“Everybody needs beauty as well as bread, places to play in and pray in, where nature may heal and give strength to body and soul.” –John Muir
My journey from home to Trinity Lutheran Church in Rouzerville takes about 40 minutes in good weather–a bit longer if I need take an alternate route or find myself behind slow traffic. One Sunday morning I was even delayed by a farmer in his Sunday suit trying to move a recalcitrant calf out of the road. It is a lovely drive, and I am thankful for the gift of nature and the time to think and pray (with my eyes open, of course).
When I leave Arendtsville, I drive over rolling hills with orchards on either side. The view is breathtaking, and I have enjoyed watching it change during the short four months I have been making the trip. Once I cross Route 30 through Cashtown, I am in the flat lands surrounded by fields, farm yards, and more orchards. The trip slows down through historic Fairfield before I cross the covered bridge and head over Jack’s Mountain. Next is the ascent to Blue Ridge Summit and subsequent descent into Rouzerville. On a clear day it is a stunning drive and perfect time to prepare my heart and mind for worship.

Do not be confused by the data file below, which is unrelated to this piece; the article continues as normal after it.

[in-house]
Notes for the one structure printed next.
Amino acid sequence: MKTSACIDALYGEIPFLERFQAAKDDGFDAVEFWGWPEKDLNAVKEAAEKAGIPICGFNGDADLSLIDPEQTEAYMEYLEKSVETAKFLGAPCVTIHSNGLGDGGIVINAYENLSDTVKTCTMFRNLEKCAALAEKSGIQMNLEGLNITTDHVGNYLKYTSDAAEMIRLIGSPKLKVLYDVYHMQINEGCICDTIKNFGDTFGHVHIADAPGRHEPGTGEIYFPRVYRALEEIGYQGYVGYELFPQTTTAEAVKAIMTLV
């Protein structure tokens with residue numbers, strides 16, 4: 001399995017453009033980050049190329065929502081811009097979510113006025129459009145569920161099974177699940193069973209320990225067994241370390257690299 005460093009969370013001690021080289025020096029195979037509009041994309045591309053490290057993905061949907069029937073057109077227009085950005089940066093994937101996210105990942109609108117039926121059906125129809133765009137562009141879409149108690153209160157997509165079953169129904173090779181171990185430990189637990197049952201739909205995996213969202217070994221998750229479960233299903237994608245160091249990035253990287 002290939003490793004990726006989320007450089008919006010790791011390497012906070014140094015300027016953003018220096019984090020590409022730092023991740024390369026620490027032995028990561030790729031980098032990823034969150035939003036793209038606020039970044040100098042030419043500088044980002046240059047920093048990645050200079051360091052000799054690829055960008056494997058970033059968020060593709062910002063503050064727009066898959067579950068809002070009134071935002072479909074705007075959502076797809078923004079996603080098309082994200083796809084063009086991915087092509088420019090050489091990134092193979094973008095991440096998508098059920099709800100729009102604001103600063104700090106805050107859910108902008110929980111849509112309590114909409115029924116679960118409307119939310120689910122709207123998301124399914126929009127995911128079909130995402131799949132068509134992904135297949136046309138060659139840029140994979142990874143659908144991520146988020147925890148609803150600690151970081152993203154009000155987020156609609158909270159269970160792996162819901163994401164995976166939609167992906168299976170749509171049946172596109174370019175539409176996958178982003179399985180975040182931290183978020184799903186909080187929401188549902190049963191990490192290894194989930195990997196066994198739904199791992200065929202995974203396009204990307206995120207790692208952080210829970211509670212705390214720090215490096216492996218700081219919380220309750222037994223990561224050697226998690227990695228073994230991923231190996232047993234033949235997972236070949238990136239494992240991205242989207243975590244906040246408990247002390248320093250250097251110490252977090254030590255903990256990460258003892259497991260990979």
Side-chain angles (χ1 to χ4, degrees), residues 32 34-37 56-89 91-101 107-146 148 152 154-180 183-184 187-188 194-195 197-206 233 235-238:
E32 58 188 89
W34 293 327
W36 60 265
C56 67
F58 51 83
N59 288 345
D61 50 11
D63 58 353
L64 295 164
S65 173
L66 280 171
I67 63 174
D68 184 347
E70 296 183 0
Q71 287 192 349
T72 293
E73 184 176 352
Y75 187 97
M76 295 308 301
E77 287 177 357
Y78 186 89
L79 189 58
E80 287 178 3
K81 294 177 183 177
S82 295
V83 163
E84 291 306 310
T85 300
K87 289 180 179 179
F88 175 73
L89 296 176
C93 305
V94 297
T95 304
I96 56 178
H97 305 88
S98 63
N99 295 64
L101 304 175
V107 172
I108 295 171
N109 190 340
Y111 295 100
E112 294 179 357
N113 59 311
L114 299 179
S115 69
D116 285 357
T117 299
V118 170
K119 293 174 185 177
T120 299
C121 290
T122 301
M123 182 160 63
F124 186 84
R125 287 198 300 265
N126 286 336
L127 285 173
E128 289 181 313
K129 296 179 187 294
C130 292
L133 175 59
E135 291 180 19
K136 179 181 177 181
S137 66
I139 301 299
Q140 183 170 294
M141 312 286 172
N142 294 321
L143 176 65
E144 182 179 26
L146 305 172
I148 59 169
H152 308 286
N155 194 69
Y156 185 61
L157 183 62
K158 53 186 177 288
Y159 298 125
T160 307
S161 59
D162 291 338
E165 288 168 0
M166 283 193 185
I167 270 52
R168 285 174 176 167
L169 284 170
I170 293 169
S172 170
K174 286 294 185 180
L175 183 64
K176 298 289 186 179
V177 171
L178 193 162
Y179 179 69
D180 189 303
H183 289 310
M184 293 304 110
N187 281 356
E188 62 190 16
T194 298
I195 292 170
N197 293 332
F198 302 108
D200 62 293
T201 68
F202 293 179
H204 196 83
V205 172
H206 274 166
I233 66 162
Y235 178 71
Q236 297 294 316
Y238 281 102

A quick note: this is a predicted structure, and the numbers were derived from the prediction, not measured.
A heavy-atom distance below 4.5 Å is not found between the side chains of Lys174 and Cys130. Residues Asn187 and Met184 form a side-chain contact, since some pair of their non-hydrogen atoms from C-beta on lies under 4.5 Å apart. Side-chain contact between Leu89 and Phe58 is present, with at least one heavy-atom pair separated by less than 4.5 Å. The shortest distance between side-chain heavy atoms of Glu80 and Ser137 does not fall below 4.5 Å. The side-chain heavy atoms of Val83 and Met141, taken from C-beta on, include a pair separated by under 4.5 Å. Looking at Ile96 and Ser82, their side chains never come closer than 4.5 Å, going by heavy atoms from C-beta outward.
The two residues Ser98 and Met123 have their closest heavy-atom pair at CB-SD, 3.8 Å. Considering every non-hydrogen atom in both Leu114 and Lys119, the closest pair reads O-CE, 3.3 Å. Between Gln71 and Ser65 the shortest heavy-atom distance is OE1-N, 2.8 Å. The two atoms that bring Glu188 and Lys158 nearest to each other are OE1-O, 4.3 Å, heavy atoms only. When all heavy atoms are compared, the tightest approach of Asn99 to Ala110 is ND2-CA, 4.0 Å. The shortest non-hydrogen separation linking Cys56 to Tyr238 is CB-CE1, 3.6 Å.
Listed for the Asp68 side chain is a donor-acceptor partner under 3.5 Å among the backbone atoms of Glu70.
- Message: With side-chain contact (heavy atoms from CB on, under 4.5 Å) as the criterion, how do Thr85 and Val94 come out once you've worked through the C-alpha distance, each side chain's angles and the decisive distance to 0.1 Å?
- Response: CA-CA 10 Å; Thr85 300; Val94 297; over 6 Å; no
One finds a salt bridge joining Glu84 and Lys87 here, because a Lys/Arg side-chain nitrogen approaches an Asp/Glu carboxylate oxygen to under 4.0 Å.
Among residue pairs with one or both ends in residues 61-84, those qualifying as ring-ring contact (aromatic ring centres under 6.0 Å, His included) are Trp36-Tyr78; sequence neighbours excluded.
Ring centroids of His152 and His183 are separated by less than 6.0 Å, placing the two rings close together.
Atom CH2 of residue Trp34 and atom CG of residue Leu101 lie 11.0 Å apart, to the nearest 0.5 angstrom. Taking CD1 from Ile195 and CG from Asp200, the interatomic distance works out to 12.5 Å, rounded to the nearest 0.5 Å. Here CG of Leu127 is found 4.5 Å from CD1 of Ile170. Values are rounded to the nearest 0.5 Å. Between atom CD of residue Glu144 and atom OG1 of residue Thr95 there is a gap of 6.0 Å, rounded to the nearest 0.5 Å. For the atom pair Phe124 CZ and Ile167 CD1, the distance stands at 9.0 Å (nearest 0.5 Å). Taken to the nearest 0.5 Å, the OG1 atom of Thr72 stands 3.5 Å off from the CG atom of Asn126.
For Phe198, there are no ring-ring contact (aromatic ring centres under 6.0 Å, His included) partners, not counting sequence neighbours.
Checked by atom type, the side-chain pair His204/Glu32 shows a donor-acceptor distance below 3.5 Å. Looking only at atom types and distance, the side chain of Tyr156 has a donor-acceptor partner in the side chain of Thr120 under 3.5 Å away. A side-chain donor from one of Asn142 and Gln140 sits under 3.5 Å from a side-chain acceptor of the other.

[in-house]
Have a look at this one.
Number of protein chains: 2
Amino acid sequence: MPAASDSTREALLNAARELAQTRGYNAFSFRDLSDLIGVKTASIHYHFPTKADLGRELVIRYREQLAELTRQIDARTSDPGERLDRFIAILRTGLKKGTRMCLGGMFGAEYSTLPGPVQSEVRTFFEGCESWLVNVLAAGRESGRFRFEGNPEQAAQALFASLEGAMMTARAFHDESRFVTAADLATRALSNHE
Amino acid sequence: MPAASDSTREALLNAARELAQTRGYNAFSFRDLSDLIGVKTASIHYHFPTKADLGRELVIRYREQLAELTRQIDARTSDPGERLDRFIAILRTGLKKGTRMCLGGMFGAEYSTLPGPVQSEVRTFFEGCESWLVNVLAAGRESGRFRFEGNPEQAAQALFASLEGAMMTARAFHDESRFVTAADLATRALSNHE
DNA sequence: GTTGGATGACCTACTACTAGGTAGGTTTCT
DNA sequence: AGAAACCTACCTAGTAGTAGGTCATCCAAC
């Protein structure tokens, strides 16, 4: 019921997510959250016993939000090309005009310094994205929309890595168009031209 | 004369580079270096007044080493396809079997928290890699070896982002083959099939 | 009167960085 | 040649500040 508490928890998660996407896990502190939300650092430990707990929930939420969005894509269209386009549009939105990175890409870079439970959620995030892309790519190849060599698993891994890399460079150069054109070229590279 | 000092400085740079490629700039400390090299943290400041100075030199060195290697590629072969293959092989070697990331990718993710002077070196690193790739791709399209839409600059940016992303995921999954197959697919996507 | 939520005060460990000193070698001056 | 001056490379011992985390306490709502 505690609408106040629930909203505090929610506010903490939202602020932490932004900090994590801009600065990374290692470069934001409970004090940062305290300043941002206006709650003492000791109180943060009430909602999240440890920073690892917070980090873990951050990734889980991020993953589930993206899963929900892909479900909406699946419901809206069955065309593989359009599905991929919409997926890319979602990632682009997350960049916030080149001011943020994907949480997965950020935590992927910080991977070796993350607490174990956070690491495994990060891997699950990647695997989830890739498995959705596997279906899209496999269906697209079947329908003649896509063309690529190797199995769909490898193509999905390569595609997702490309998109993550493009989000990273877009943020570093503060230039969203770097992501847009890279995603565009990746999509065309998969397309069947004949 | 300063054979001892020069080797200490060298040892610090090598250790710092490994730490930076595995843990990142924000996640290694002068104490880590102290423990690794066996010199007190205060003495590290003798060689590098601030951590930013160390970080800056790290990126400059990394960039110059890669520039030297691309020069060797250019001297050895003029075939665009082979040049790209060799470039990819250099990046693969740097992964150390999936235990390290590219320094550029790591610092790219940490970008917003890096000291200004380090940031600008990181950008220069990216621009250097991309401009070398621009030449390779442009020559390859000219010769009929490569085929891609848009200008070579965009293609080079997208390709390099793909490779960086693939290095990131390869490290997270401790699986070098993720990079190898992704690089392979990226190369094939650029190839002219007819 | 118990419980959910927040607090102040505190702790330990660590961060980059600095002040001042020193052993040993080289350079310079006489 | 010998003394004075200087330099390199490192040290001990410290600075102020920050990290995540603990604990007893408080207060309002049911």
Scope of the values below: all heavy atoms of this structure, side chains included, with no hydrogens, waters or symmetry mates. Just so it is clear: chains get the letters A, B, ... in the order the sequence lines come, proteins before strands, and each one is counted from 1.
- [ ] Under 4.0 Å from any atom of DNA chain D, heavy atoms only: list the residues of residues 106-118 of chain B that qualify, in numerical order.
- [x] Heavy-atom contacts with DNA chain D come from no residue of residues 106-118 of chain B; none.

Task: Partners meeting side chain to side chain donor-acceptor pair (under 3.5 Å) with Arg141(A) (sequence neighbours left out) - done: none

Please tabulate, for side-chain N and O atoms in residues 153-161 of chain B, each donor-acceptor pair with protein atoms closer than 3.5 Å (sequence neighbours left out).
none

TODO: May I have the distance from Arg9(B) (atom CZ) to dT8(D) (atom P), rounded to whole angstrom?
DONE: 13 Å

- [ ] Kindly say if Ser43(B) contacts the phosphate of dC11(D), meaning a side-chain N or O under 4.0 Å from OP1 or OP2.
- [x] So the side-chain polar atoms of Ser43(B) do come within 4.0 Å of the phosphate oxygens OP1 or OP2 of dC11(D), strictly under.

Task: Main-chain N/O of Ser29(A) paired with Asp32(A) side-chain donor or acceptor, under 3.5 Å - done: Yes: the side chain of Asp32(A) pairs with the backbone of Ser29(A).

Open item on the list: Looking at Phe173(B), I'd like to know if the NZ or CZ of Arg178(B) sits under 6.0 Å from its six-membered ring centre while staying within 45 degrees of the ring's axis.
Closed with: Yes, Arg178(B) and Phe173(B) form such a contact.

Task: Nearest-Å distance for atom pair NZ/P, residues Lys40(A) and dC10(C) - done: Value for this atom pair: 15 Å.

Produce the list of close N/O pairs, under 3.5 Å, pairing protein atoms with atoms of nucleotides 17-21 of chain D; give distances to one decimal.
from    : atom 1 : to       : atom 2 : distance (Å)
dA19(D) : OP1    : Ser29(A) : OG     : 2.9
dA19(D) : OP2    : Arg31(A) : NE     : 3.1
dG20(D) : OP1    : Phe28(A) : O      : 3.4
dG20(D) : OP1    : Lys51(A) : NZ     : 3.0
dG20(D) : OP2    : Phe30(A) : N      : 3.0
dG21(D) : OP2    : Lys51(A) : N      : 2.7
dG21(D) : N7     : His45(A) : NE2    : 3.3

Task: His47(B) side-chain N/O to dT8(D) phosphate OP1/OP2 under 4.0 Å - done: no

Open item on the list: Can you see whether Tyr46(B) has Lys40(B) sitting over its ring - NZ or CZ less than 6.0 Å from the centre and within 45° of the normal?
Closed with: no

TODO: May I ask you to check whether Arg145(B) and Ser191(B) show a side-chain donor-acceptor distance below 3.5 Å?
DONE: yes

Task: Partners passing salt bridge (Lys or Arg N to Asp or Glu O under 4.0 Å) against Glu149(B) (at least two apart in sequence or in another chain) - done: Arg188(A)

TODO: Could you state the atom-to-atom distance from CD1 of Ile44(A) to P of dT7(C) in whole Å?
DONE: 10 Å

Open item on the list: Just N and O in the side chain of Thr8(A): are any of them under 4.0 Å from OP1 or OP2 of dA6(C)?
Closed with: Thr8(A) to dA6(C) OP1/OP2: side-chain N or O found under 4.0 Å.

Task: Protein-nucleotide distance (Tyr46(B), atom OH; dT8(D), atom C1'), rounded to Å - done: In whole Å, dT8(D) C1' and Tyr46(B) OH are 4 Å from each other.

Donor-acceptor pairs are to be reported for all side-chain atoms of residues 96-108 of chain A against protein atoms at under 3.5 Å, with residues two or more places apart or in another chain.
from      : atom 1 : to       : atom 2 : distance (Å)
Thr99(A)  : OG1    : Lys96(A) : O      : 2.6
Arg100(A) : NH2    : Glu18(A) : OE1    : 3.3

Sometimes I go home by a different route in order to stop at the nursing home in Quincy. This route takes me through Waynesboro, up through Quincy, Mont Alto, and Penn National. It’s a quick descent through the forest to Route 30 and then home. This route seems to be preferable in bad weather–at least that’s what I discovered during our October snow storm.
Some folks might complain about the distance, but by North Dakota standards it’s a breeze. I try to consolidate trips to be a better steward of time and resources, but I appreciate the opportunity to drink in the beauty of the Keystone state.
My husband and I are fortunate to be a short drive from the Appalachian Trail and the Michaux State Forest and Pine Grove Furnace State Park, all of which offer many opportunities to enjoy hiking, camping, and other outdoor activities. Occasionally, when our day off is the same, we’ll take the dogs and go for a quick hike. Even if we don’t have time to leave town, we can take a quick walk up to the local cemetery. It sits at one of the highest points in town, is surrounded on three sides by orchards, and affords both peace and quiet and stunning views of the valley and surrounding mountains.
Simply standing atop that hill, holding my husband’s hand, drinking in the crisp autumn air and the beauty of God’s good creation is a gift beyond price and measure. Thank you, God, for the beauty of your earth. Help us all to be good stewards of this gift.
What are your favorite places to experience the beauty of creation?
Even if you can’t get outside, click here for a wonderful rendition of English Composer John Rutter’s version of “For the Beauty of the Earth” sung by the Paya Lebar Methodist School Girls’ Choir (Singapore). The voices and pictures are lovely.
Photos by Gerry Dincher and Rob Blezard used under Creative Commons License. Thanks!